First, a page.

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Maori shootings: Britain regrets killings by Endeavour crew

The replica of Captain Cook's ship HMS Endeavour arrives in Sydney Harbour Image copyright Getty Images
Image caption A replica of the HMS Endeavour, seen here landing in what is now Poverty Bay

Britain has expressed regret to Maori for crimes committed against their ancestors when explorer James Cook arrived in New Zealand 250 years ago.

Indigenous activists say less than two hours after Captain Cook and his crew on the HMS Endeavour landed, they had committed atrocities, including murder.

Britain's high commissioner met Maori leaders to recognise the killings.

Captain Cook is acknowledged as one of the world's greatest explorers but his legacy has been questioned by many.

New Zealand's Maori people came into contact with Captain Cook and his crew in 1769 after the HMS Endeavour landed in what is now Poverty Bay.

In two separate ceremonies with Maori groups, High Commissioner Laura Clarke made expressions of regret to both the Ngati Oneone hapu and Rongowhakaata iwi for the killings of nine of their ancestors during the first encounters with Captain Cook's crew.

It took place in the city of Gisborne, where the British landed in 1769.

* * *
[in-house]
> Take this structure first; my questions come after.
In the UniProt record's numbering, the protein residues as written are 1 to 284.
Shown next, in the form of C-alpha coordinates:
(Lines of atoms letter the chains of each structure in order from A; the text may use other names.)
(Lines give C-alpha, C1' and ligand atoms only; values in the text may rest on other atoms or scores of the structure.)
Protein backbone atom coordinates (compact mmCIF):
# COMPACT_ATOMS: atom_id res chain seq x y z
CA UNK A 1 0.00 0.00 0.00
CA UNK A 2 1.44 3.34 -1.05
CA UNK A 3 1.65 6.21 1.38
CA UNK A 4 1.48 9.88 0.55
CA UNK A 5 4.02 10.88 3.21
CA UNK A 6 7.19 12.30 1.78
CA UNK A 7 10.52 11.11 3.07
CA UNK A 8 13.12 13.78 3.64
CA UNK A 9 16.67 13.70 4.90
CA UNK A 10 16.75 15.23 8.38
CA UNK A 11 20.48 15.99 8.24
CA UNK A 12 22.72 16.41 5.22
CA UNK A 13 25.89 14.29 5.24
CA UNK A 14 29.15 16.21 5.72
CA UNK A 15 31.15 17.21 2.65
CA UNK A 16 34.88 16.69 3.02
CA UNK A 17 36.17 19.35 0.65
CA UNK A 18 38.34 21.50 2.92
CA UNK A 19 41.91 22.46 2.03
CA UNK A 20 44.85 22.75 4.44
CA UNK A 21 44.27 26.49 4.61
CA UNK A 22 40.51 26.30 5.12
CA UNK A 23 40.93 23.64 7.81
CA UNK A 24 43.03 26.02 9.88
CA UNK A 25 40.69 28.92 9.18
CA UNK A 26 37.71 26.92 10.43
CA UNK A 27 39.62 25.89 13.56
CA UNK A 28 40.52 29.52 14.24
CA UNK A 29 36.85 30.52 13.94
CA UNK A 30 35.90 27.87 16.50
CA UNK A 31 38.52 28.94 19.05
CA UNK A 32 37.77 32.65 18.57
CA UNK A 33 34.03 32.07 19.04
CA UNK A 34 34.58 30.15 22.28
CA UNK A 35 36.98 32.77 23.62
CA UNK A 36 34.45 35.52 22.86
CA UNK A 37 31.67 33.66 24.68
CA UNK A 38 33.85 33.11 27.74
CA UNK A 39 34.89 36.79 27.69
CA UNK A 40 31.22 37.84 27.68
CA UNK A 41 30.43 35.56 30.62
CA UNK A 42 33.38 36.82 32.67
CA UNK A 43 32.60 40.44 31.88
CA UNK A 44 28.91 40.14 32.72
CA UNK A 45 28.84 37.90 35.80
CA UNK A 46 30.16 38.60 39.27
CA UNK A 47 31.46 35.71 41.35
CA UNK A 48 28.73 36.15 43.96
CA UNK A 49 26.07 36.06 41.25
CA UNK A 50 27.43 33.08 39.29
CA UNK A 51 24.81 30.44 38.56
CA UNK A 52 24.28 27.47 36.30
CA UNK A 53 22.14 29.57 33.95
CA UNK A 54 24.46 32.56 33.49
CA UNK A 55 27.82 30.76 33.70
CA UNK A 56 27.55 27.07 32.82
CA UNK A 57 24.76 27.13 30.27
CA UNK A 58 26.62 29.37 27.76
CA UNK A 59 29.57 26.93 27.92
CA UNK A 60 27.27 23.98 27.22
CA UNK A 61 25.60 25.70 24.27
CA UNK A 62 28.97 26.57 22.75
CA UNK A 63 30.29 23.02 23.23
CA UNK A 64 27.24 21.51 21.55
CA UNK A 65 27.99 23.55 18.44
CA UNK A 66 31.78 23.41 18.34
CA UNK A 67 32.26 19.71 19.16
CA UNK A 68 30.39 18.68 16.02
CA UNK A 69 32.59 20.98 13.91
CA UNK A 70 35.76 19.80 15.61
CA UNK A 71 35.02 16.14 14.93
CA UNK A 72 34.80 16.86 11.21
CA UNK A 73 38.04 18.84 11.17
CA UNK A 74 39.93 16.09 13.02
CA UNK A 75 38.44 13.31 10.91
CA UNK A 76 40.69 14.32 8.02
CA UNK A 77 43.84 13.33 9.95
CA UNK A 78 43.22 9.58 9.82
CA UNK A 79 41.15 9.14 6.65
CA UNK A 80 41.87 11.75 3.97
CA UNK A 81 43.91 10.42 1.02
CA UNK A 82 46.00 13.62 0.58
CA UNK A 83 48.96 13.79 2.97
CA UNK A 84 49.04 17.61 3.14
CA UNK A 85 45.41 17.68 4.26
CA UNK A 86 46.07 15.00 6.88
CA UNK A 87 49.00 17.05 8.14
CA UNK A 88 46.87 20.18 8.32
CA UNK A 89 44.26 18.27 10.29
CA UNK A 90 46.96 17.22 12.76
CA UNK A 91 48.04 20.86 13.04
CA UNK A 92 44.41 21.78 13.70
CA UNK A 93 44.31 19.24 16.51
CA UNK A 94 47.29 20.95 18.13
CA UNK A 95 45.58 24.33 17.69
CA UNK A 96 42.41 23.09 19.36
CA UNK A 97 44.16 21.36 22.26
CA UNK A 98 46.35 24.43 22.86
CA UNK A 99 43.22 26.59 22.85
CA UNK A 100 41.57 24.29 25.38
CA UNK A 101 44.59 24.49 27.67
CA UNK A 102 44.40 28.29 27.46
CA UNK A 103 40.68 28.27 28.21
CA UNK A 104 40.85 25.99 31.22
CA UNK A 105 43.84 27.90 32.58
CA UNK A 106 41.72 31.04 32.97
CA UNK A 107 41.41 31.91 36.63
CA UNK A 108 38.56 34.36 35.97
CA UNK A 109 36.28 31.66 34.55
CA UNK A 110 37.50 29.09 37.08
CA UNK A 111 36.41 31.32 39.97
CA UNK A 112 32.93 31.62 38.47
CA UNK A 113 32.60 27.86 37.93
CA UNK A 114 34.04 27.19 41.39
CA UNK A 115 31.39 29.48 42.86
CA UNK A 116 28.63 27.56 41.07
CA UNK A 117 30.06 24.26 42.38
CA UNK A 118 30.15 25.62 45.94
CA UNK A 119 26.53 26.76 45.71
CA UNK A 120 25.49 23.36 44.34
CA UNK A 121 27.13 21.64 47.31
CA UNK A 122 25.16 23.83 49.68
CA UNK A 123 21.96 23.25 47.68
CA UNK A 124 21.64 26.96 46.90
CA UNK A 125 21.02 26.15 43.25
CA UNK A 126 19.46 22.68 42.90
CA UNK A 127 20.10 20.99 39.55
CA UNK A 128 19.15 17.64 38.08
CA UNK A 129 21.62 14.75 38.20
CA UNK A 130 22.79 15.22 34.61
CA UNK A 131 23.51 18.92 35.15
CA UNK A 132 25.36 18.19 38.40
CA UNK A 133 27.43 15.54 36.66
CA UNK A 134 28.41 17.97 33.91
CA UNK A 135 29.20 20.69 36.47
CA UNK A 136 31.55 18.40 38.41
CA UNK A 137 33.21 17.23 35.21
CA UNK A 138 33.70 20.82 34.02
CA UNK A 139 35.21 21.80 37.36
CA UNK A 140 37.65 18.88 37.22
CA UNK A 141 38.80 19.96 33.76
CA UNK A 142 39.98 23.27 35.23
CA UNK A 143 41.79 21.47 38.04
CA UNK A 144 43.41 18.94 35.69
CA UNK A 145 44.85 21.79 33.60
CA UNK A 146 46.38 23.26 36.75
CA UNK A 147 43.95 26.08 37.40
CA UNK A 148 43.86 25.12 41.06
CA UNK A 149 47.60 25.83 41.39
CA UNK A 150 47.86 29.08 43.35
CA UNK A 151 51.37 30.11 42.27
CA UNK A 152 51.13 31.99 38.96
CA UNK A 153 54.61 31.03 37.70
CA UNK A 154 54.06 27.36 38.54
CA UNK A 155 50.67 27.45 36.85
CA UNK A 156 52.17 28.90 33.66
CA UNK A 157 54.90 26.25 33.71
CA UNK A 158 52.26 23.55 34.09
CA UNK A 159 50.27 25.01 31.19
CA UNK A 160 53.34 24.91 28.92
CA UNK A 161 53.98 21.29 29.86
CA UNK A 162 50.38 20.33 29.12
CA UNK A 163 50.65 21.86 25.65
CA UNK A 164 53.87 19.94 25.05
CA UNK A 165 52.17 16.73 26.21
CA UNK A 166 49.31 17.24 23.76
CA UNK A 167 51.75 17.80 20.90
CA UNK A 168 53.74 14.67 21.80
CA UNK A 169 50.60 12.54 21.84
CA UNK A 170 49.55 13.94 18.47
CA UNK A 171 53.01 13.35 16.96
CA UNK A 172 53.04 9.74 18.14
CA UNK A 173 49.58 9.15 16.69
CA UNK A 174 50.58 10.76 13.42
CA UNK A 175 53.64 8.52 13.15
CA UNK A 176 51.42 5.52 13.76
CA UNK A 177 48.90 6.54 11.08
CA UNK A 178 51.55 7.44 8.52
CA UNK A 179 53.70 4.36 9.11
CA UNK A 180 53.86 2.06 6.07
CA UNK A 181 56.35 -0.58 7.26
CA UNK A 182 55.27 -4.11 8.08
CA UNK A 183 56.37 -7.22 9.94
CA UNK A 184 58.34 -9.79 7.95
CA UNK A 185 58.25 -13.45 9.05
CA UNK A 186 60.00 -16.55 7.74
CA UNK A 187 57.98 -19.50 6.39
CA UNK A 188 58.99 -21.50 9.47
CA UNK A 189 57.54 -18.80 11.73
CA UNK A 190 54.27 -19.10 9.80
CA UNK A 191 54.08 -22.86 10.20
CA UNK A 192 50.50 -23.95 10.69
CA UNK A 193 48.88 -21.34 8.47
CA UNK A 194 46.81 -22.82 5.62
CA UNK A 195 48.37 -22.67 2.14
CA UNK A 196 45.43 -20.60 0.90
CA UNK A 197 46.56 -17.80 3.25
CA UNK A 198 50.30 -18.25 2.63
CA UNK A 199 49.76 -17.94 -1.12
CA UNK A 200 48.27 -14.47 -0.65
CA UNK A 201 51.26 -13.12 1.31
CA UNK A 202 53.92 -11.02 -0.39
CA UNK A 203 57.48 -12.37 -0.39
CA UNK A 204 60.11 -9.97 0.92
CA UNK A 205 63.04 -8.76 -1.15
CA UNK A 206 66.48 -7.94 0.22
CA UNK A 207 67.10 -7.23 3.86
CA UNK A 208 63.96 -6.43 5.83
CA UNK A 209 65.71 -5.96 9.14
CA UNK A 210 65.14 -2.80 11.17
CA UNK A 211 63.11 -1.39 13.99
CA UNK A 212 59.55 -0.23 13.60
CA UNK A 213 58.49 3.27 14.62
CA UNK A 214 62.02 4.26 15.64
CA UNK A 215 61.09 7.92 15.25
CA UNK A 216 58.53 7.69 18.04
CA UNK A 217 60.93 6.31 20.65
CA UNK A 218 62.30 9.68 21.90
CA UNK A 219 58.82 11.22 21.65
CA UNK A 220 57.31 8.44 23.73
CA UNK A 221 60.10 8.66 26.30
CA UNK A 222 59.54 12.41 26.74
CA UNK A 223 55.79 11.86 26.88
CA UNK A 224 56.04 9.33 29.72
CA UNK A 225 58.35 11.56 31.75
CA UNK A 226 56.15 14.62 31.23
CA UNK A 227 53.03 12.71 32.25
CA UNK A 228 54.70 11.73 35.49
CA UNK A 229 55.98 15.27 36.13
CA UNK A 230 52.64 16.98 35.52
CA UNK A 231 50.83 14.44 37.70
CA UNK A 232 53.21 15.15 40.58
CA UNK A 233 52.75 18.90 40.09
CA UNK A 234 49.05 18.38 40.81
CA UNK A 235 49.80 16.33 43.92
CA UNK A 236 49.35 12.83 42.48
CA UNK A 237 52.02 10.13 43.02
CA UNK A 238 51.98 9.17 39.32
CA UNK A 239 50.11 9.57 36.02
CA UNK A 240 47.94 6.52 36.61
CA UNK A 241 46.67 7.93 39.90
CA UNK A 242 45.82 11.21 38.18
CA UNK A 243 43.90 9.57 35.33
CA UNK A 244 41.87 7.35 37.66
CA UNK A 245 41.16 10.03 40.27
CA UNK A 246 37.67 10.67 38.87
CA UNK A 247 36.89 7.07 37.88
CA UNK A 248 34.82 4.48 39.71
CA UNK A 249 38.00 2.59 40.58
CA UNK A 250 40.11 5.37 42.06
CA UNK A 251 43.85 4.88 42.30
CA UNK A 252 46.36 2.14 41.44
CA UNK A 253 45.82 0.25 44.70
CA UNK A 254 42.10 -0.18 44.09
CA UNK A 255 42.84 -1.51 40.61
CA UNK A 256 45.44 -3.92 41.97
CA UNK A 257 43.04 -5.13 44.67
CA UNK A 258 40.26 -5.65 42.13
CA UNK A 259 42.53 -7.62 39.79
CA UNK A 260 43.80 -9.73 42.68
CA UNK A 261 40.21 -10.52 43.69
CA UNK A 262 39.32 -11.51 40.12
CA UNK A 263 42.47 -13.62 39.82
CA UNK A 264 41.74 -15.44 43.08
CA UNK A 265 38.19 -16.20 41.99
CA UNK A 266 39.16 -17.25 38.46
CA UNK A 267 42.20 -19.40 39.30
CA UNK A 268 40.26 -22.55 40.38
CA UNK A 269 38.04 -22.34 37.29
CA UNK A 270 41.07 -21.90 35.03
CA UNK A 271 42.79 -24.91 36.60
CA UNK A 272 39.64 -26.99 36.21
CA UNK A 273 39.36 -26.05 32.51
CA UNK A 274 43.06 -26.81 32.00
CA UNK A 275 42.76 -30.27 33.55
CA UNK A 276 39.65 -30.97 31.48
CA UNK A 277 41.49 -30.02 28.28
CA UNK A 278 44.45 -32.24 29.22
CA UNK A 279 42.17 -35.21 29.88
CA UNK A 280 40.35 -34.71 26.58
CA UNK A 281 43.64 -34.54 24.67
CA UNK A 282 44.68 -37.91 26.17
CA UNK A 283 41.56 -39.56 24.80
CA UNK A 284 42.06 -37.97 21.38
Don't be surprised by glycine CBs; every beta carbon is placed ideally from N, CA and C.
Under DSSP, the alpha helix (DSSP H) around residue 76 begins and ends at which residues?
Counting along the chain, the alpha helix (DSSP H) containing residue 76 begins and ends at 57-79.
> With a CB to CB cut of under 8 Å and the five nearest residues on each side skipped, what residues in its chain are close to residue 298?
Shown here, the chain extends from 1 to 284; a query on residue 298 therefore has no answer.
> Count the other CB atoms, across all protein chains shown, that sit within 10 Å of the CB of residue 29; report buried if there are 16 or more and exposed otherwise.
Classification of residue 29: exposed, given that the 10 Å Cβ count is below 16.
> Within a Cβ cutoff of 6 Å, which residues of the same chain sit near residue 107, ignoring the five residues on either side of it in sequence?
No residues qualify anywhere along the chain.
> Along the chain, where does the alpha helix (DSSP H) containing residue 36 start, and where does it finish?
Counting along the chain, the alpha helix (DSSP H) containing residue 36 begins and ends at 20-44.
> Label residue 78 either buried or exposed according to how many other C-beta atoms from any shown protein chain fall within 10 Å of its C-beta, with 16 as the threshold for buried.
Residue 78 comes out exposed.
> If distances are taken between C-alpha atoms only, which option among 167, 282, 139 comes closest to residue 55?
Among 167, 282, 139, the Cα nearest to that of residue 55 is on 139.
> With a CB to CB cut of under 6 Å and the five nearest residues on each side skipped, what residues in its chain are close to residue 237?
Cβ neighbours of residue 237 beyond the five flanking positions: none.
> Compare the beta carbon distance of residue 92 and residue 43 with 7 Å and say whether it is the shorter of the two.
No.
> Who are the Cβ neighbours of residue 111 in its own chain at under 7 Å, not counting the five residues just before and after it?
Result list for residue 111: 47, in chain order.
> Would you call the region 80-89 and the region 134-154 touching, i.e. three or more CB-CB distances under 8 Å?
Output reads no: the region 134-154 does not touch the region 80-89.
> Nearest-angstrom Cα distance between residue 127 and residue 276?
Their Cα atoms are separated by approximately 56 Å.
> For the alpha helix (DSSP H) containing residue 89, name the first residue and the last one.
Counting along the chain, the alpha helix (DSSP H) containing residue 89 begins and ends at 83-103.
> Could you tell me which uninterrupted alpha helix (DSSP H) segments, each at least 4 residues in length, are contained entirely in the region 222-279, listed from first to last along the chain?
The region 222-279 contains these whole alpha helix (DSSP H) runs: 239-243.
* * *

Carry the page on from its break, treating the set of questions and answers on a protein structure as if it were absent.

"It is impossible to know exactly what led to those deaths, but what is clear is that your ancestors were shot and killed by the crew of the Endeavour and others were wounded," Ms Clarke said.

"That was greatly regretted by the crew of the Endeavour at the time, as documented in the diary of Joseph Banks [the expedition's official botanist] and it is regretted here today.

"It is deeply sad that the first encounter happened in the way that it did. And, to you, as the descendants of those killed, I offer my every sympathy, for I understand the pain does not diminish with time."

Image copyright Getty Images
Image caption Captain Cook's legacy is disputed in modern times

Campaigners say the damage inflicted by the British colonisation continues even now, with Maori communities suffering higher levels of deprivation.

In a statement on its Facebook page, the Rongowhakaata Iwi Trust welcomed the British expression of regret.

But it recalled that the crew had opened fire almost as soon as they landed, killing the local chief and others.

"After only being here for two hours, Cook and his crew had trespassed, terrorised, killed and stolen from us."

Other Maori rights advocates have been critical of the low-key ceremony, which stopped short of an apology.

Many have described as insensitive this weekend's anniversary events marking Captain Cook's arrival, which are expected to attract protests.

They see him as an invader whose explorations, which helped chart the Pacific Ocean, also led to colonialism and traditional communities being destroyed.

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Media captionIn 2016 a UK museum handed back a Maori skull

The UK has offered expressions of regret for actions that happened during colonial times in only a few instances.

In May then Prime Minister Theresa May described the 1919 Amritsar massacre as a "shameful scar" on Britain's history in India. Hundreds of people were shot dead by troops.

Many in India and elsewhere had pressed for a full apology, which was not forthcoming.

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